ECE 595C - Biologically Inspired Engineering

Lecture Hours: 3 Credits: 3

Counts as:

Experimental Course Offered: Fall 2004

Catalog Description:
The objective of this course is to prepare the student to use modern design strategies rooted in biological principles. Examples include: the use of biological genetics as an inspiration for genetic algorithms for the automated design of components and systems; the use of linguistic based controls strategies based on human speech and logic to formulate control systems (a strategy formally known as fuzzy logic); the construction of artificial neural networks modeled after the construction of biological nervous systems for information processing and control; use of protein classification and identification algorithms to solve engineering design problems; and the study of immunology and how it relates to computer viruses and synthetic immune systems.

Course Objectives:
The development of complex, highly reliable integrated systems with greatly reduced design cycle times poses a formidable challenge to today's engineers. Traditional engineering design practices are not adequate to meet this new challenge; engineers are increasingly turning to biology for answers. Engineering has always borrowed from nature to provide conceptual examples (for instance, aerodynamics from birds). However, the extraordinary demands placed on today's engineering designs have resulted in the use of biological concepts in a concrete and mathematically defined way. These concepts include artificial networks that mimic the functioning of neurons in the brain, fuzzy logic that more closely reflects human reasoning, and genetic algorithms that imitate the mechanics of biological genetics. Future challenges facing engineering, science, and technology will require multidisciplinary education including proficiency in biologically inspired engineering. The objective of this course is to make students aware of biologically inspired engineering techniques and to equip them with multidisciplinary breadth - thus making them prepared to collaborate with their colleagues from other disciplines.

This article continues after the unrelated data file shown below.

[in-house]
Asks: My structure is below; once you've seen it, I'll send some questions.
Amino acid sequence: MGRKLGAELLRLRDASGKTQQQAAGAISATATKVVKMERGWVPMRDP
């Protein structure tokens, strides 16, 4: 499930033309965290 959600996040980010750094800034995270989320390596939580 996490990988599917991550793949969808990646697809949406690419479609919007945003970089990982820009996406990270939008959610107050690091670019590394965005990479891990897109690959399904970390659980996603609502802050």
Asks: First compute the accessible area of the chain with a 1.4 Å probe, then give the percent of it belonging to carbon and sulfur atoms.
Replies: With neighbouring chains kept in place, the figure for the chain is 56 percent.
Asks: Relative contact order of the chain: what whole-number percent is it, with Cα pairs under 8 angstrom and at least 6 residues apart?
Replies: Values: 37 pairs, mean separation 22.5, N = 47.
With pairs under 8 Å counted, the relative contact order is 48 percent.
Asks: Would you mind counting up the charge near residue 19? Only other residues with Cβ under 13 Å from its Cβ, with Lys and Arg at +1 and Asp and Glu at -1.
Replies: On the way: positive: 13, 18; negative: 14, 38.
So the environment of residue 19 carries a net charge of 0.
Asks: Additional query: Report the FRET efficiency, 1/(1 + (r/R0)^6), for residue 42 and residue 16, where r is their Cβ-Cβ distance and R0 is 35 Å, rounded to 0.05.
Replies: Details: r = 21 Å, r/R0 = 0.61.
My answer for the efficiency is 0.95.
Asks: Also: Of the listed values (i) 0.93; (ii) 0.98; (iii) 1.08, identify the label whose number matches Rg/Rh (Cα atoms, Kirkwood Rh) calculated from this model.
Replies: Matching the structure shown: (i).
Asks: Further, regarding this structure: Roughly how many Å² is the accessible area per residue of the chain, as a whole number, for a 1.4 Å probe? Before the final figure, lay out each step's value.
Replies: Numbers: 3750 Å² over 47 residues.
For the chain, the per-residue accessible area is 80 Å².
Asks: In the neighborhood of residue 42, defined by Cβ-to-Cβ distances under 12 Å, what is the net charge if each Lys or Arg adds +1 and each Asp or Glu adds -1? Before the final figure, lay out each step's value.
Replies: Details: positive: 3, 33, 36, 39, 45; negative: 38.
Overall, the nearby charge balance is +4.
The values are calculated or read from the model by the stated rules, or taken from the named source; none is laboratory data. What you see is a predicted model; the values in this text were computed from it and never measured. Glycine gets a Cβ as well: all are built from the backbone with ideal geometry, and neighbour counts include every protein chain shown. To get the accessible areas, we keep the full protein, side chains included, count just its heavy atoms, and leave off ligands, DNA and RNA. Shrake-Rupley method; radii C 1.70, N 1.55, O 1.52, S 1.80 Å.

Required Text(s):
  1. selected journal papers and book chapters.

Recommended Text(s): None.

Learning Outcomes:

A student who successfully fulfills the course requirements will have demonstrated an ability to:
  1. implement and apply genetic and evolutionary algorithms to parameter identification and design problems. [None]
  2. analyze a simple bioinformatics system. [None]
  3. apply soft computing tools to the design of control systems. [None]
  4. construct and analyze a simple model of immune system or tumor growth. [None]

Lecture Outline:

Lectures Topics
3 Overview of Menelian principles of genetics: basic terns (gene, alleles, genome, genotype, phenotype); chromosomes and reproduction; mutation; genetic processes of evolution; genetic engineering.
8 Genetics as an inspiration for an optimization approach: evolutionary and genetic algorithms; implementing evolutionary and genetic algorithms; Schema theorem. Case studies involving evolutionary and genetic algorithms: genetic algorithm frequency domain parameter identification of a permanent magnet synchronous machine; genetic algorithm time domain parameter identification of a transformer-rectifier; genetic algorithms for the design of an inductor.
6 Introduction to bioinformatics---computational biology: genes, corresponding proteins, and digital symbol sequences; protein function; information content of biological sequences; hidden Markov models.
9 Soft computing: fuzzy systems (fuzzy linear programming, fuzzy classification); architectures and learning in neural networks (backpropogation, brain-state-in-a-box neural models, neural fuzzy systems, protein classification using artificial neural networks); application of genetic algorithms to soft computing.
9 Mathematical modeling and immunology: tumor growth models; the logistic approach; a predator-prey approach; modeling of tumor cell/immune system interaction.
2 Computer viruses and synthetic immune systems
2 Power system as a metaphor of an immune system
2 Case studies and student project presentation
3 Exams

Engineering Design Content:

Establishment of Objectives and Criteria

Engineering Design Consideration(s):

performance